Before the Rainbow Fanclan was founded at the end of 1979, there was once in the distant past a (Dutch) Deep Purple Fan Club, to be precise in 1971, founded by Bart Hekkelman. This was taken over in 1975 by René Veldhoen, who ended the fan club in early 1979 (in 1976 renamed to Rainbow Fan Club), due to lack of time and the lack of people who could continue the fanclub. At that time news sources were very scarce, especially compared to the possibilities now, so there were not really many interesting articles about Rainbow. However, there are two exceptions: the two concerts that Rainbow gave in the Congresgebouw in The Hague. From the fanzines of that time we can now thanks to our good friend Tonny Steenhagen, who, in addition to the photos posted, also provided us with these copies, the concert report written at the time and interviews on the Rainbow Fanclan Legacy Website.

JIMMY BAIN - Interview The Hague October 18, 1976

After the concert, on the advice of Polydor's Harry Knipschild, we went to the Bel-Air hotel, hoping for a meeting with Rainbow. From Harry we learned that Rainbow would speak to a few press people in the hotel. When we arrived we were met by a porter who told that Rainbow hadn't arrived yet. We decided to wait in the main hall. After ten minutes Jimmy Bain stepped in, accompanied by three beautiful-looking young ladies. We introduced ourselves and showed Jimmy some things about the fan club, himself and Rainbow. He showed was very interested and suggested we go downstairs in the bar for a drink. We sat down on one of the luxurious sofas, while Jimmy provided his female company and us with drinks. The ladies did not know how to fascinate him, because all soon he crawled onto the couch next to us, eager to talk about Rainbow.

How did you got in Rainbow, Jimmy?

At the time I was playing with a band called Harlot one day I got a call from Ritchie who said he wanted to start a new group and although I had never met him in my life, I talked to that guy for two hours that night. He was in Los Angeles at the time and would be coming to see one of my concerts soon. Actually, I didn't believe he would come to England especially for me, but promptly he was behind the stage two days later at a concert at the London Marquee club. The rest of the Harlot band members showed off because they had such a celebrity looking at them. However, I stayed calm and just did my job as a bass player. After the concert, Ritchie offered me to play with Rainbow. He heard that he was also looking for an organist, I recommended him Tony Carey, an old friend of mine. After doing a few sessions, he also joined the band Then we went looking for a drummer.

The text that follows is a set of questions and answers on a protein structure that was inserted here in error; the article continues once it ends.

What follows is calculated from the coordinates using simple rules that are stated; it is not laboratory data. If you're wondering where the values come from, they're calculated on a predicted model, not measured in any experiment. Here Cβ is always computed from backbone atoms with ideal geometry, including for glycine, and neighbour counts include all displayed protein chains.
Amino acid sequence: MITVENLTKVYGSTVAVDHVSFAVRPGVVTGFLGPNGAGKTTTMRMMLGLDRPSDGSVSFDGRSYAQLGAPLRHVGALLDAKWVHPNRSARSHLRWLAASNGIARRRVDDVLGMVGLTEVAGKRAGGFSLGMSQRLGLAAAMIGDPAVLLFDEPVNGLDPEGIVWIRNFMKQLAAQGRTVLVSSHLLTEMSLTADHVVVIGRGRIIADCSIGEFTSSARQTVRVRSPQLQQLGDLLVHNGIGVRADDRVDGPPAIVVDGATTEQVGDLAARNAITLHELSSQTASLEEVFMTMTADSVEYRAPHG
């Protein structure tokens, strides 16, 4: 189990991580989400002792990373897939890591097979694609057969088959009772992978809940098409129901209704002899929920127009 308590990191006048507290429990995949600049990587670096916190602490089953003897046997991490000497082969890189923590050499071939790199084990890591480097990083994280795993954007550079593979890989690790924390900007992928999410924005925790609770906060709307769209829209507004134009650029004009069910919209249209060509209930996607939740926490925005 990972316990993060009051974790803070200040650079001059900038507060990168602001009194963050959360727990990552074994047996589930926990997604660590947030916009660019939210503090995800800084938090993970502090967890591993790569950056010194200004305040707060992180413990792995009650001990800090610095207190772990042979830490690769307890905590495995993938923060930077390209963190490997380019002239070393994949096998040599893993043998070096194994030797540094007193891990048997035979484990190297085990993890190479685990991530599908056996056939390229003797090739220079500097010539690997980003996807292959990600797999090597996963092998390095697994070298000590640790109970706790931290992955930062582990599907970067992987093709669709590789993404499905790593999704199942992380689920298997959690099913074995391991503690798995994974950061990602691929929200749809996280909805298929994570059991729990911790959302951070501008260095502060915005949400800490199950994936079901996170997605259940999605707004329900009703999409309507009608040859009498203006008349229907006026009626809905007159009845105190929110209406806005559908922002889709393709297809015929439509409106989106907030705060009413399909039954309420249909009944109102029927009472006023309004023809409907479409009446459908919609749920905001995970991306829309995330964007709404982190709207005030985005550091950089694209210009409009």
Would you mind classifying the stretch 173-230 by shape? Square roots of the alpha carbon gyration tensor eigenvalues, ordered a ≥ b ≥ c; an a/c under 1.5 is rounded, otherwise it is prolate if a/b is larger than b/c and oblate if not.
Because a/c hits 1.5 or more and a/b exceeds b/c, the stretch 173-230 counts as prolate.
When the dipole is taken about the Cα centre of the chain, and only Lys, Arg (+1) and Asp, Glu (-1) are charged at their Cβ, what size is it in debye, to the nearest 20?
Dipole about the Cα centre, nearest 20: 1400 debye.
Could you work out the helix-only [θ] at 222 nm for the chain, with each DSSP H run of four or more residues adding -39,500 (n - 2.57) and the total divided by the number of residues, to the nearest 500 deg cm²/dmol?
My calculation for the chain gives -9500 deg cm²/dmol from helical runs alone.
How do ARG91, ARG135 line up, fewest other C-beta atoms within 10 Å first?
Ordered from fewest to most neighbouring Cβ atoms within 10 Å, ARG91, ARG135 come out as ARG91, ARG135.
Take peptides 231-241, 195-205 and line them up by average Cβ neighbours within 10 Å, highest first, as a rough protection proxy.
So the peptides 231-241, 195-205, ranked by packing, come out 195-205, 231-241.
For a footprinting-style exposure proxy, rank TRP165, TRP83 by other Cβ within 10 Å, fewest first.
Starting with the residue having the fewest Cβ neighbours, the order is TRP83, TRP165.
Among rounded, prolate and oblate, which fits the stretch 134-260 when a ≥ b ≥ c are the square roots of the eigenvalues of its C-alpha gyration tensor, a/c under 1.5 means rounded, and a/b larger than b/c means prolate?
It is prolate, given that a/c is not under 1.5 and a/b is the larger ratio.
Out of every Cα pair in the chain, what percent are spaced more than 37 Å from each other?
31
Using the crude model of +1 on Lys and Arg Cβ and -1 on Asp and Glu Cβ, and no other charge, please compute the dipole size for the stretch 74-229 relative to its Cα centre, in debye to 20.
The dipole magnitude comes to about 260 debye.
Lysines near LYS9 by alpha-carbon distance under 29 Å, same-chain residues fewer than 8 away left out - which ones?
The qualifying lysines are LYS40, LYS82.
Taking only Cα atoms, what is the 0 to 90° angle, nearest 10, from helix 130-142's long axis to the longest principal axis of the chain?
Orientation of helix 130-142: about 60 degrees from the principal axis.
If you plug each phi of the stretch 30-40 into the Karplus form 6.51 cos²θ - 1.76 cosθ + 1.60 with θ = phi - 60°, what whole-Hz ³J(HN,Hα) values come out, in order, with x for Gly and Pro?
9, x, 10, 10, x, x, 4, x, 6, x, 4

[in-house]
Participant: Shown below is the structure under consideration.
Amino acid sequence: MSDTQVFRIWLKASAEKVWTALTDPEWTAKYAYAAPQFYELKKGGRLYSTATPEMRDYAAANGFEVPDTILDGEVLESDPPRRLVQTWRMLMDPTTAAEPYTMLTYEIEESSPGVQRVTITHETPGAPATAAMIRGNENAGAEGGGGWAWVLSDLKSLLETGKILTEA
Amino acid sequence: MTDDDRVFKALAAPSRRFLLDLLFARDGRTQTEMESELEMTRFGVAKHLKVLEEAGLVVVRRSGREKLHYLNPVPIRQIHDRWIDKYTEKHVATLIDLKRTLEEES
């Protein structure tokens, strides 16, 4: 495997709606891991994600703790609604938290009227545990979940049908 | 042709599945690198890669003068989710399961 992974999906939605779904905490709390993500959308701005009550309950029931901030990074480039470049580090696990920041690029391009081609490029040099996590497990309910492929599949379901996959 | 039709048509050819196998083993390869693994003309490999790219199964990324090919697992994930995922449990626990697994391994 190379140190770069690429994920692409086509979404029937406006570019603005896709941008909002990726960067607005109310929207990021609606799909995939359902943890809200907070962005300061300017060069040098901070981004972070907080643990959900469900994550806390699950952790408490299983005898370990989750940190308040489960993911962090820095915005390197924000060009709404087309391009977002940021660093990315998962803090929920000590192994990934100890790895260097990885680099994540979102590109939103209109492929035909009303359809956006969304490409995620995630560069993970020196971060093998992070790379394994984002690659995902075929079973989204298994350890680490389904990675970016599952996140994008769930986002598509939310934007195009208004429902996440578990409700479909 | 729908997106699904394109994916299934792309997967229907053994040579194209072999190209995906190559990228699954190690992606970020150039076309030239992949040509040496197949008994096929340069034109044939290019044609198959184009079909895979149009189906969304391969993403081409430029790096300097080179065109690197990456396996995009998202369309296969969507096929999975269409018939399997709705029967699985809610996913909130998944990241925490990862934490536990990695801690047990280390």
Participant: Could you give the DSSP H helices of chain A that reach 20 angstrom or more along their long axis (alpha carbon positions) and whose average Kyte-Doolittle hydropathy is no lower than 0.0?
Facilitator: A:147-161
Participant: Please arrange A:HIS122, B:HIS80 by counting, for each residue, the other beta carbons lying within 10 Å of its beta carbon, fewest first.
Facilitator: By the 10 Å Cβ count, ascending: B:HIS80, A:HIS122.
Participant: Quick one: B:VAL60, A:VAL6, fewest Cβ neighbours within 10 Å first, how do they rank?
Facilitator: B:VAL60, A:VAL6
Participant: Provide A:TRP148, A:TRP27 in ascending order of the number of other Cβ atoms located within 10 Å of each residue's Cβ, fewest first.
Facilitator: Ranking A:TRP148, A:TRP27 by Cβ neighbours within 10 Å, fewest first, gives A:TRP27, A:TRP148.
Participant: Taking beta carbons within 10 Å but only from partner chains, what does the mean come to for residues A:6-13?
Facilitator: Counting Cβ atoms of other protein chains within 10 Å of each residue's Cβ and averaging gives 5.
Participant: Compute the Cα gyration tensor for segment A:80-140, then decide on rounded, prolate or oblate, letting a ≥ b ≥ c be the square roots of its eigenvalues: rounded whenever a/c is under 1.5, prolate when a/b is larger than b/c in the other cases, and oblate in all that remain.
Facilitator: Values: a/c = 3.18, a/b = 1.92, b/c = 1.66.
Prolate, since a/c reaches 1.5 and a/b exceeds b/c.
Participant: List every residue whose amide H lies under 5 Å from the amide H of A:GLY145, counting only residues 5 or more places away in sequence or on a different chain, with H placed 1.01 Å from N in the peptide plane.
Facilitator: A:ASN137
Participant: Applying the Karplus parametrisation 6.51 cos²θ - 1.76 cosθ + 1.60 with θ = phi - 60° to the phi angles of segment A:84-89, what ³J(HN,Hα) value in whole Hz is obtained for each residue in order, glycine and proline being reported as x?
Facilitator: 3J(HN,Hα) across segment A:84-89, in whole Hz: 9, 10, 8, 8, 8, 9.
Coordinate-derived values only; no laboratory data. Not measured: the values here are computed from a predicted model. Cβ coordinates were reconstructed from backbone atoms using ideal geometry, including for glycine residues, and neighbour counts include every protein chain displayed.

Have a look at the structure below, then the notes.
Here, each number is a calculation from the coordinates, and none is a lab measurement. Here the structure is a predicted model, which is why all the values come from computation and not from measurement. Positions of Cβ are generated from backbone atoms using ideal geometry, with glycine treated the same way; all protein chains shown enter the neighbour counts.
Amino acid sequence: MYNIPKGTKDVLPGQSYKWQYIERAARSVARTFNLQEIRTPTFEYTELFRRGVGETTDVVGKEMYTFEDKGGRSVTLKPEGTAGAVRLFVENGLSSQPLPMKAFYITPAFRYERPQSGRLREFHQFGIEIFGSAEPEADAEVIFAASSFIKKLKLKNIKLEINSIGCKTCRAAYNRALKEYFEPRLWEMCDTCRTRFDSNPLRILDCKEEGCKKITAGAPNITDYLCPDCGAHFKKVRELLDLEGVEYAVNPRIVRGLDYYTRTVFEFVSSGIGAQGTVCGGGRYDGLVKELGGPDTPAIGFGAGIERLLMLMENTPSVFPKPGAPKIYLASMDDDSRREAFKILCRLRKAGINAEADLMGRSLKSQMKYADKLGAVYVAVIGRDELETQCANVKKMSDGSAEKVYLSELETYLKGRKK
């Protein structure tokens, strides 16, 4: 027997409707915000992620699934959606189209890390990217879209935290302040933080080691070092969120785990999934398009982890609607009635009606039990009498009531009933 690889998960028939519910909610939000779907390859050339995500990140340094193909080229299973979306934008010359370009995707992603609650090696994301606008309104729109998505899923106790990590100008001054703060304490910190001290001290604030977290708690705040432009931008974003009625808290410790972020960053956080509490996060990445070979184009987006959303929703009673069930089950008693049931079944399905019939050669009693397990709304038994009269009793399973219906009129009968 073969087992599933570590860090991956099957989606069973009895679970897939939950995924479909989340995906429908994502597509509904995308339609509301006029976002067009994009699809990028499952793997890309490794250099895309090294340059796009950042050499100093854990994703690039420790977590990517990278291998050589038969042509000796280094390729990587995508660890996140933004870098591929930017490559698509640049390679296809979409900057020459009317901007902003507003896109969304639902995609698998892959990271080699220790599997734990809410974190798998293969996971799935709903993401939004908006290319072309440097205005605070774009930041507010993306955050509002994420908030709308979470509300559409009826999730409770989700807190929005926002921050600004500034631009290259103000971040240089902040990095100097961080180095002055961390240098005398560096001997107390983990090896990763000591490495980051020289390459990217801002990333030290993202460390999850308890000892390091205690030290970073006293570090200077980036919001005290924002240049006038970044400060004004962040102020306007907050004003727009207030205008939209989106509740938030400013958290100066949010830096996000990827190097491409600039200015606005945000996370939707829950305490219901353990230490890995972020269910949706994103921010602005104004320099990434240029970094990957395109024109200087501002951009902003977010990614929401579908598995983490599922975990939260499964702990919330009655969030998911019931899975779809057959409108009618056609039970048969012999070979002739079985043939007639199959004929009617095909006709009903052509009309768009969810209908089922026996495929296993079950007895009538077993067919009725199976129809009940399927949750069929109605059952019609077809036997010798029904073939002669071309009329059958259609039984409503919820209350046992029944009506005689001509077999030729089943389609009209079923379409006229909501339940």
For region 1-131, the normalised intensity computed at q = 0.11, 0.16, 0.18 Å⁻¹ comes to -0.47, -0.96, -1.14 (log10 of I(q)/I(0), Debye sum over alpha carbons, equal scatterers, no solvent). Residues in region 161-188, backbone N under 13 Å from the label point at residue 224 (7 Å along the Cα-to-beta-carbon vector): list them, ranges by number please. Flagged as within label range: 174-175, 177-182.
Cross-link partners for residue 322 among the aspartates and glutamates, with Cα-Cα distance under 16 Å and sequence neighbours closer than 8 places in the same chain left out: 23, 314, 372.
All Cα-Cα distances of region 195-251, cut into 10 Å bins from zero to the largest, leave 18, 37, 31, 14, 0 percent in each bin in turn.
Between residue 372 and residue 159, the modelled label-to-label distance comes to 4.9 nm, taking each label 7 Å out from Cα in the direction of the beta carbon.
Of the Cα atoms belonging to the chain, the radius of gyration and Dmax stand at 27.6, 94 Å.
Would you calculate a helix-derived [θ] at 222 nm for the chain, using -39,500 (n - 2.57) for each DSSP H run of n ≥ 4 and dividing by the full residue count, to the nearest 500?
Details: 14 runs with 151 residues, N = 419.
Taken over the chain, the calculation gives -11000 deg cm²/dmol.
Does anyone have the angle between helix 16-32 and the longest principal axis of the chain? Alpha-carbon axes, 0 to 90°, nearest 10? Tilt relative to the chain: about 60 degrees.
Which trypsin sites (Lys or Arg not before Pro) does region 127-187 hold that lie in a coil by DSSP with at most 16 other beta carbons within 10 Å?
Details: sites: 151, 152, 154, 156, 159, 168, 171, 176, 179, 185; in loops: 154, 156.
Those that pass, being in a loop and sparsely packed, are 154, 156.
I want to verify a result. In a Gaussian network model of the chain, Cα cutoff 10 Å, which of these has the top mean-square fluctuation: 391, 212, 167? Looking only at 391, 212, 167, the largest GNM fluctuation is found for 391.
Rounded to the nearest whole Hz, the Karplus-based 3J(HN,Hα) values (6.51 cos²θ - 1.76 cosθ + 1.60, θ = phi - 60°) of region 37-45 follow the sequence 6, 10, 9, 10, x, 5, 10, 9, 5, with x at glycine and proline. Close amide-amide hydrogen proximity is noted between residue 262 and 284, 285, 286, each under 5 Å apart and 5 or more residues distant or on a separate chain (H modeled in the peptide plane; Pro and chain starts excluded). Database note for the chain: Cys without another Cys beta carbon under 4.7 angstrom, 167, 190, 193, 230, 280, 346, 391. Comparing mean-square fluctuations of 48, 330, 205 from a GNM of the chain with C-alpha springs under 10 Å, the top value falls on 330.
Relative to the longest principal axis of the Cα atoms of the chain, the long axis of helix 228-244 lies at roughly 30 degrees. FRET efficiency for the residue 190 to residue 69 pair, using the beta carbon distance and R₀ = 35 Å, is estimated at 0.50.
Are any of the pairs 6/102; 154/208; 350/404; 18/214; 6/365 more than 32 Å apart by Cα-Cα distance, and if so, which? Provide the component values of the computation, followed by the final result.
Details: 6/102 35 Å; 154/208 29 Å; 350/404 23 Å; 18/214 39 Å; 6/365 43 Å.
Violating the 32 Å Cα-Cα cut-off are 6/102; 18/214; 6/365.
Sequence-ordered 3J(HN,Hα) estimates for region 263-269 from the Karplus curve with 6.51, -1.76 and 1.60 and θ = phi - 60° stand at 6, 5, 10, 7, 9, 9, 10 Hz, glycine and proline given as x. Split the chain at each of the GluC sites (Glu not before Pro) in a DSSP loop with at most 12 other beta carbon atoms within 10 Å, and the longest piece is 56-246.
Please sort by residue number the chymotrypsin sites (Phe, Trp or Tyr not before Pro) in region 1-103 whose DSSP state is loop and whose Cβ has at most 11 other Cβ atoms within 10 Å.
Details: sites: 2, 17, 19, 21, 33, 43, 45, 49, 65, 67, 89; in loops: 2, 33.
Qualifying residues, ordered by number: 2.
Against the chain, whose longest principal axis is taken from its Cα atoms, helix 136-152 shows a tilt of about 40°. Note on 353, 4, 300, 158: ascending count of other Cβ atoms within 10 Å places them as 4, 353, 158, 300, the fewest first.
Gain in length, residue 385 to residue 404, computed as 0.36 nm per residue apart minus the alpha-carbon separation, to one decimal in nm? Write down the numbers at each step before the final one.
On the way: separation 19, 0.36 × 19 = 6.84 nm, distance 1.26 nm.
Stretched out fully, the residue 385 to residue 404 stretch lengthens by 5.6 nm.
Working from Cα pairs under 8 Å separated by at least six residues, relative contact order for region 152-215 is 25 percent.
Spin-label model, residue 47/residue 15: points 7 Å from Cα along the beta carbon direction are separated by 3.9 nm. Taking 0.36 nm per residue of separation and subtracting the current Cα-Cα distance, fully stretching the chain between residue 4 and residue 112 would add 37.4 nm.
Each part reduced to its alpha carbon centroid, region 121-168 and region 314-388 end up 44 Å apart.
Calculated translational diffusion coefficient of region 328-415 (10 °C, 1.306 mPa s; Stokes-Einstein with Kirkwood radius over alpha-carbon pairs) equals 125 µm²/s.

Jimmy interrupts the conversation for a moment, because he didn't get a glass with his bottle of Heineken. With a "I've got no fuckin 'glass" he gets up and comes back within a minute, now with a glass.

[He continues:] We tried a total of thirteen drummers, but no one suited us well. The fourteenth was Cozy Powell...

Do you think Ritchie can be considered the leader of the band?

Certainly not, Rainbow has a very democratic attitude. When a song is written, we all talk about it. This almost never causes any problems. We all have broadly the same ideas about music, so that we feel together very well.

Meanwhile the other Rainbow members enter the bar. Ritchie is stormed by a journalist, Ronnie sits at the bar with his blonde girlfriend. Cozy Powell is talking to a bearded man with the drumsticks still in hand and Tony Carey sits down with his woman in a corner. Jimmy Bain continues quietly.

If Rainbow would be Ritchie Blackmore's big ego trip, I would have quit my job long ago. I don't play bass in Ritchie's band, but in Rainbow. We are all friends and therefore a close bond.

What did you think of the Dutch audience?

"Great! It was like we were in America or England. I went to the concert of Thin Lizzy (bassist Phil Lynott is a very good friend of mine) and Robin Trower yesterday, but there the audience was quite dull. Frankly, we expected tonight a kind of equal audience, but it was not that bad. We also only play an encore when we notice that the audience is 100 percent behind us. When we had played three songs tonight, it was already certain that an encore would be given.

What are the future plans for Rainbow?

We will first take a few days off to recover from the European tour. Then we will start a tour through Hawaii, Australia and Japan and we will work on the new LP. Because Rainbow is above all a live group, it will most likely be a live album. We are not quite sure about that yet. It could also be that we make a combined album of it, with live material on one side and studio material on the other. In that case we will go back to the Musicland Studio in Munich.

The first song you played tonight, is that a track from the new LP?

Yes, it is called "Kill The King" and it is a group product.

Jimmy interrupts the conversation and gives us an address in America in exchange for the address of the fan club

I can always be reached here and if you come to Los Angeles, feel free to drop by.

Very nice of you, Jimmy, but I think the chances are very slim that we will ever get to America.

Well, at least you can write or call and get the news first hand.

© René Veldhoen, Peter van den Berg & Willem ten Riele - The Book Of Taliesyn no 5, December 1976